*editor’s note: I plan on expanding on this idea of orthodoxy, heresy, and racial identity in a forthcoming essay, “Historic Orthodoxy and Symbolic Blackness” *

One such examples is the aforementioned article from Pangea blog is a case in point when it comes to persons striving for private possession of classic Christianity and its spirit. The argument is that it is Constantine’s low, Arian Christology that leads to his belief in his own violent, gory lordship. As I mentioned before, this line of argumentation can only be held as true if it is based on the pretense that Constantine was a disciple prior to his death-bed baptism. Unless NeoAnabaptists can show evidence other than the fact that Constantine did a few favors for early Christian communities (Constantine also gave state benefits to non-Christian religions as well), there is no reason to assume that the Emperor can be considered a model for Christian politicians and activists. To the contrary, what we are left with is being emplaced on this soil within a history of displacement: settler colonialism and enslaved African persons, and the political traditions of majoritarian politics. Majoritarian politics as I have argued once before is the zero-sum game between at least two political factions. The thing about majoritarian political structures is that they are built in such a what to keep the majority population, the dominant culture, in power. Critical Race theory as common sense should inform us as such. The trap of idolizing majorities rather than pluralities and consensus renders us incapable of seeing other political possibilities. The so-called “orthodox” even in retreat have consumed a failure of theo-political imagination as they are incapable of transcending the prevailing political system.

It is quite inadequate for Christian thinkers to point backwards to the early Christological debates and Constantine. What that sort of rhetoric does is derail discussions about concrete political realities into abstract conversations that have for the most part been settled through Ecumenical Councils. This brand of derailing in the name of Christological orthodoxy permits Christians from experiencing genuine lament and repenting of past and current social sins. Appropriating the work of Juergen Moltmann, this Christology is also a refusal to dialogue with Jesus’ Jewishness while shaping Christ in the image of the Occident. A Christology that is in dialogue with Judaism is most likely to be a Christology that is politically engaged, one that is centered on being de-centered by our Neighbor and oriented towards the Outsider.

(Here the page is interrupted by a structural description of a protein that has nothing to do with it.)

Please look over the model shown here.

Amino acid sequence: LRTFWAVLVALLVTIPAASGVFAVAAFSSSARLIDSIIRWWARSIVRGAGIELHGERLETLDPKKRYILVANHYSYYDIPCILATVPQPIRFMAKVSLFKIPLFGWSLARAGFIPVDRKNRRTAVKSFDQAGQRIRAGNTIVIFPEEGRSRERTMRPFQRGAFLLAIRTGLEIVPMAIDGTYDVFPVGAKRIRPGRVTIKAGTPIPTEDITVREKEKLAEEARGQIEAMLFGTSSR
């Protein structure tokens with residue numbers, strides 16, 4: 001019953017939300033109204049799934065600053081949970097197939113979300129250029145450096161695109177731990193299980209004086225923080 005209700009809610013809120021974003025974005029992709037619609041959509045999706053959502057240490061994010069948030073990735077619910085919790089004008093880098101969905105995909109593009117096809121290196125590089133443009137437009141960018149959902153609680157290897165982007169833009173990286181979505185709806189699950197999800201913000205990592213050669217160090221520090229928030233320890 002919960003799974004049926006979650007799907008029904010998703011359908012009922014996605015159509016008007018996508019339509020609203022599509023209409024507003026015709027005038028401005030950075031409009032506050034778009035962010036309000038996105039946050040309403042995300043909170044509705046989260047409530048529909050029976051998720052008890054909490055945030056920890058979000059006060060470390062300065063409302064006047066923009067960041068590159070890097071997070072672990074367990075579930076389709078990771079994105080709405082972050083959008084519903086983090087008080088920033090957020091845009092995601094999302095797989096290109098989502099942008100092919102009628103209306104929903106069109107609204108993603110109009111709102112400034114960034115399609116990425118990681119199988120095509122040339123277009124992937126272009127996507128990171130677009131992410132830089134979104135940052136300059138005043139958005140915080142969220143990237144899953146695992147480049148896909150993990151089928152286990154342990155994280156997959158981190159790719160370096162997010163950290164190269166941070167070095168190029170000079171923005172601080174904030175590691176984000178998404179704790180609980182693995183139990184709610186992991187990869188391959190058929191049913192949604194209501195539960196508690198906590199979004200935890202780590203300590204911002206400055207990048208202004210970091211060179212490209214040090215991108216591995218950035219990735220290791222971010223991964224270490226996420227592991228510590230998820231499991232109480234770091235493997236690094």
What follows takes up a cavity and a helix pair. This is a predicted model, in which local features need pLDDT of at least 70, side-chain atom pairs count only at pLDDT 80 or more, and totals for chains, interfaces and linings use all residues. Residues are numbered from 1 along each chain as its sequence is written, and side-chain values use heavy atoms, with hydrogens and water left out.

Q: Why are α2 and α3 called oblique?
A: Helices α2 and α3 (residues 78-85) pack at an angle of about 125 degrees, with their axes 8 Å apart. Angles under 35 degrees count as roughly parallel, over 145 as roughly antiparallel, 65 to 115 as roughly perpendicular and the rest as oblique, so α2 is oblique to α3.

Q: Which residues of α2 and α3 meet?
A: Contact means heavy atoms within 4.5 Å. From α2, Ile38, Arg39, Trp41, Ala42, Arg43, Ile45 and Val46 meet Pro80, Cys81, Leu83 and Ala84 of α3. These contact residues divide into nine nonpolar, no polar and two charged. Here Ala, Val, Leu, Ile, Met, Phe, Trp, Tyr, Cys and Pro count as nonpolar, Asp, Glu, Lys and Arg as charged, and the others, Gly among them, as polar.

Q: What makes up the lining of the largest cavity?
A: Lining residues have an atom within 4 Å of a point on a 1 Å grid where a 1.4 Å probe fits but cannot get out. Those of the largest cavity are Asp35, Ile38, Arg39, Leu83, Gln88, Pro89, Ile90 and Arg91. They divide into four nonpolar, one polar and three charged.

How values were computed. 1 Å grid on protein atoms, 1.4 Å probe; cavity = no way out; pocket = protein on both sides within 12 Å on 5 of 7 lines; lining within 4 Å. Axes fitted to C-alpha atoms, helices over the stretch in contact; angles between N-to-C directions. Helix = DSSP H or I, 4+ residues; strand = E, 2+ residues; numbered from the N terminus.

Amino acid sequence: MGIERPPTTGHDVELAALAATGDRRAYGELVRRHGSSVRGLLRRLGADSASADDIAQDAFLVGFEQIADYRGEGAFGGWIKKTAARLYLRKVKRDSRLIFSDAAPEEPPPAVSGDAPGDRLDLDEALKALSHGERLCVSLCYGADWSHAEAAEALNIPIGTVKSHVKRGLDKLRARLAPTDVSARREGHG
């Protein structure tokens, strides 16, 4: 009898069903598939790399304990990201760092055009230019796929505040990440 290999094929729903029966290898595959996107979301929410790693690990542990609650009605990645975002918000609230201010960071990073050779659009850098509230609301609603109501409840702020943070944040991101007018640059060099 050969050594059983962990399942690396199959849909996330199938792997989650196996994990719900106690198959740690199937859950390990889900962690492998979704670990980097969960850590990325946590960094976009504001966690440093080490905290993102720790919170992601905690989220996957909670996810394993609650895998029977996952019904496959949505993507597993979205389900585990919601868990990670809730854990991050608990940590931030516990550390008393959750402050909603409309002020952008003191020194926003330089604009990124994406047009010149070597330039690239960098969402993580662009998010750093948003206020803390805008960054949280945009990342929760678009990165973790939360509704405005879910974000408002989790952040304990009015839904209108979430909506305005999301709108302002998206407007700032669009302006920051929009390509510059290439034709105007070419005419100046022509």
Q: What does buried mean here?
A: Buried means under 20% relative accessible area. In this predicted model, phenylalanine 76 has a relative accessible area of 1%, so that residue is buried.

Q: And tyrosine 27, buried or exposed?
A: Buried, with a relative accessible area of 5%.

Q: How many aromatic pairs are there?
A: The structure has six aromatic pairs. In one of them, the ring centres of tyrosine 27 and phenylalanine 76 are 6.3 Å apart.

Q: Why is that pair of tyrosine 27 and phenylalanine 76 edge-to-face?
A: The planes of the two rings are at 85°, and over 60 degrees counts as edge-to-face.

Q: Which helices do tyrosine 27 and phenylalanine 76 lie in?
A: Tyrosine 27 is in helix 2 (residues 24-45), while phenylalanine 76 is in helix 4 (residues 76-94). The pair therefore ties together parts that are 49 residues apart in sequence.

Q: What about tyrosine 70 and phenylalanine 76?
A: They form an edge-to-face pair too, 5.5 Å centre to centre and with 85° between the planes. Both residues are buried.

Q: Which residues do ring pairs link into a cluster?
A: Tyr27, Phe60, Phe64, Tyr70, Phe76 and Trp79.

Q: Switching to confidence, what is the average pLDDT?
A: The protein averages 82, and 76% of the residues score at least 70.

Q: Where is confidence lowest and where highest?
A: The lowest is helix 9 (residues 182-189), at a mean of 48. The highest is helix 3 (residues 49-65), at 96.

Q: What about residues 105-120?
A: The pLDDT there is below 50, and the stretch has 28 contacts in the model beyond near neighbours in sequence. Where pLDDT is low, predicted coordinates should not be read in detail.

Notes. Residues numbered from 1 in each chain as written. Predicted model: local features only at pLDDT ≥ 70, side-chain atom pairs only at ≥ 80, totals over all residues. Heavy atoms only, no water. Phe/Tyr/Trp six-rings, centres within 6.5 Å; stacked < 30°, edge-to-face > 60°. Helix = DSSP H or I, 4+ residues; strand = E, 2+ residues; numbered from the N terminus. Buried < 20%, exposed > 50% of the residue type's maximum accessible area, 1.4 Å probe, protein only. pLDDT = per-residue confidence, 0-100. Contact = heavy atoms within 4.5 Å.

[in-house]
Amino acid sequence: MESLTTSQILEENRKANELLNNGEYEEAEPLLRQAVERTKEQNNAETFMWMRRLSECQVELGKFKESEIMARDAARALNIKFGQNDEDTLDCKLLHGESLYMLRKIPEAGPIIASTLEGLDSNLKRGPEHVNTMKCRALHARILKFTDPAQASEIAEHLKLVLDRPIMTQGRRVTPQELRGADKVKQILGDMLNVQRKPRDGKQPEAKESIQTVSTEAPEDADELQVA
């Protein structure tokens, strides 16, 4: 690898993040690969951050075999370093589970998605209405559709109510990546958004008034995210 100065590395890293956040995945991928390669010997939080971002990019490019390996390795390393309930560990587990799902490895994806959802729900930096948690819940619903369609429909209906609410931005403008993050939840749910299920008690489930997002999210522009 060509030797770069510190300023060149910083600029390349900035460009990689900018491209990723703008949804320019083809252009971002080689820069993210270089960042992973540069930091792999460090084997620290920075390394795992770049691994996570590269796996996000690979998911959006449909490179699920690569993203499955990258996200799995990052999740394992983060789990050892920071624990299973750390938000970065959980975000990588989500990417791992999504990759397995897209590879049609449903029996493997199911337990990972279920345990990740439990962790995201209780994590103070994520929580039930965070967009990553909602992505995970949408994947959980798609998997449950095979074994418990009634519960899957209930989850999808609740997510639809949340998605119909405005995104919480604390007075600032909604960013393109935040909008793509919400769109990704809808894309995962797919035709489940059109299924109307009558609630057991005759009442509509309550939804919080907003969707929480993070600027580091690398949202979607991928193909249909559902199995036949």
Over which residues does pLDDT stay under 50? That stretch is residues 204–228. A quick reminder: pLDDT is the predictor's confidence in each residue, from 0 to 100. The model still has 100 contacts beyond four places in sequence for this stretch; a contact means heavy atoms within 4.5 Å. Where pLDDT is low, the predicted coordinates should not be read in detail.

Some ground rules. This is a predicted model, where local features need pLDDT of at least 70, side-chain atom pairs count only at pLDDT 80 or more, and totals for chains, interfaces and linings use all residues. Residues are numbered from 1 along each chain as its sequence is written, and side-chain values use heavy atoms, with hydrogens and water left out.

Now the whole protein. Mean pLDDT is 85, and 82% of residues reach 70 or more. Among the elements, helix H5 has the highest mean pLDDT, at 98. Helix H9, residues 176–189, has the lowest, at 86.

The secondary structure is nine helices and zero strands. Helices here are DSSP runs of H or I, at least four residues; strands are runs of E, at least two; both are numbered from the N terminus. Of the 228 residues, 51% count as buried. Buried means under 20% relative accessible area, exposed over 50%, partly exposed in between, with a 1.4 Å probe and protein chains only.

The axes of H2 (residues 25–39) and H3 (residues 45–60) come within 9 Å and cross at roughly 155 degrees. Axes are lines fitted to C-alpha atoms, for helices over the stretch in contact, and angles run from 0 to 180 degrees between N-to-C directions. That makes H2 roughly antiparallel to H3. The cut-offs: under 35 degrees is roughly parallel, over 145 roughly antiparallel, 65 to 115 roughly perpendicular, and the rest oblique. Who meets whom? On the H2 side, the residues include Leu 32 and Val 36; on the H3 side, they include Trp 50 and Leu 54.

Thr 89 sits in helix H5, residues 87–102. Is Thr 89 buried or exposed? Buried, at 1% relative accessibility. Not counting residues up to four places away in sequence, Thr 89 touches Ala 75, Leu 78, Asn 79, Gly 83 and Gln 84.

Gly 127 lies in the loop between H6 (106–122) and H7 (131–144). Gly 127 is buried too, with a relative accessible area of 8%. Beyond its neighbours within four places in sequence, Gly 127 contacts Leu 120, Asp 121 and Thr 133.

Inward-looking libertarians and NeoAnabaptists alike are living out a problematic, escapist fantasy, of moving towards some 21st century form of monasticism: that is, Christians from the dominant culture understand Christian participation in politics as one of wielding influence in the political order. This current order however is built off of the backs of enslaved Blacks and over the dead bodies of First Nations. This order would not be possible without genocide, rape culture, and anti-Black racism. The Sexual Revolution did not find its way in the libertine youth culture of the 1960’s; it has its roots in the subjugation and sexual exploitation of People of Color.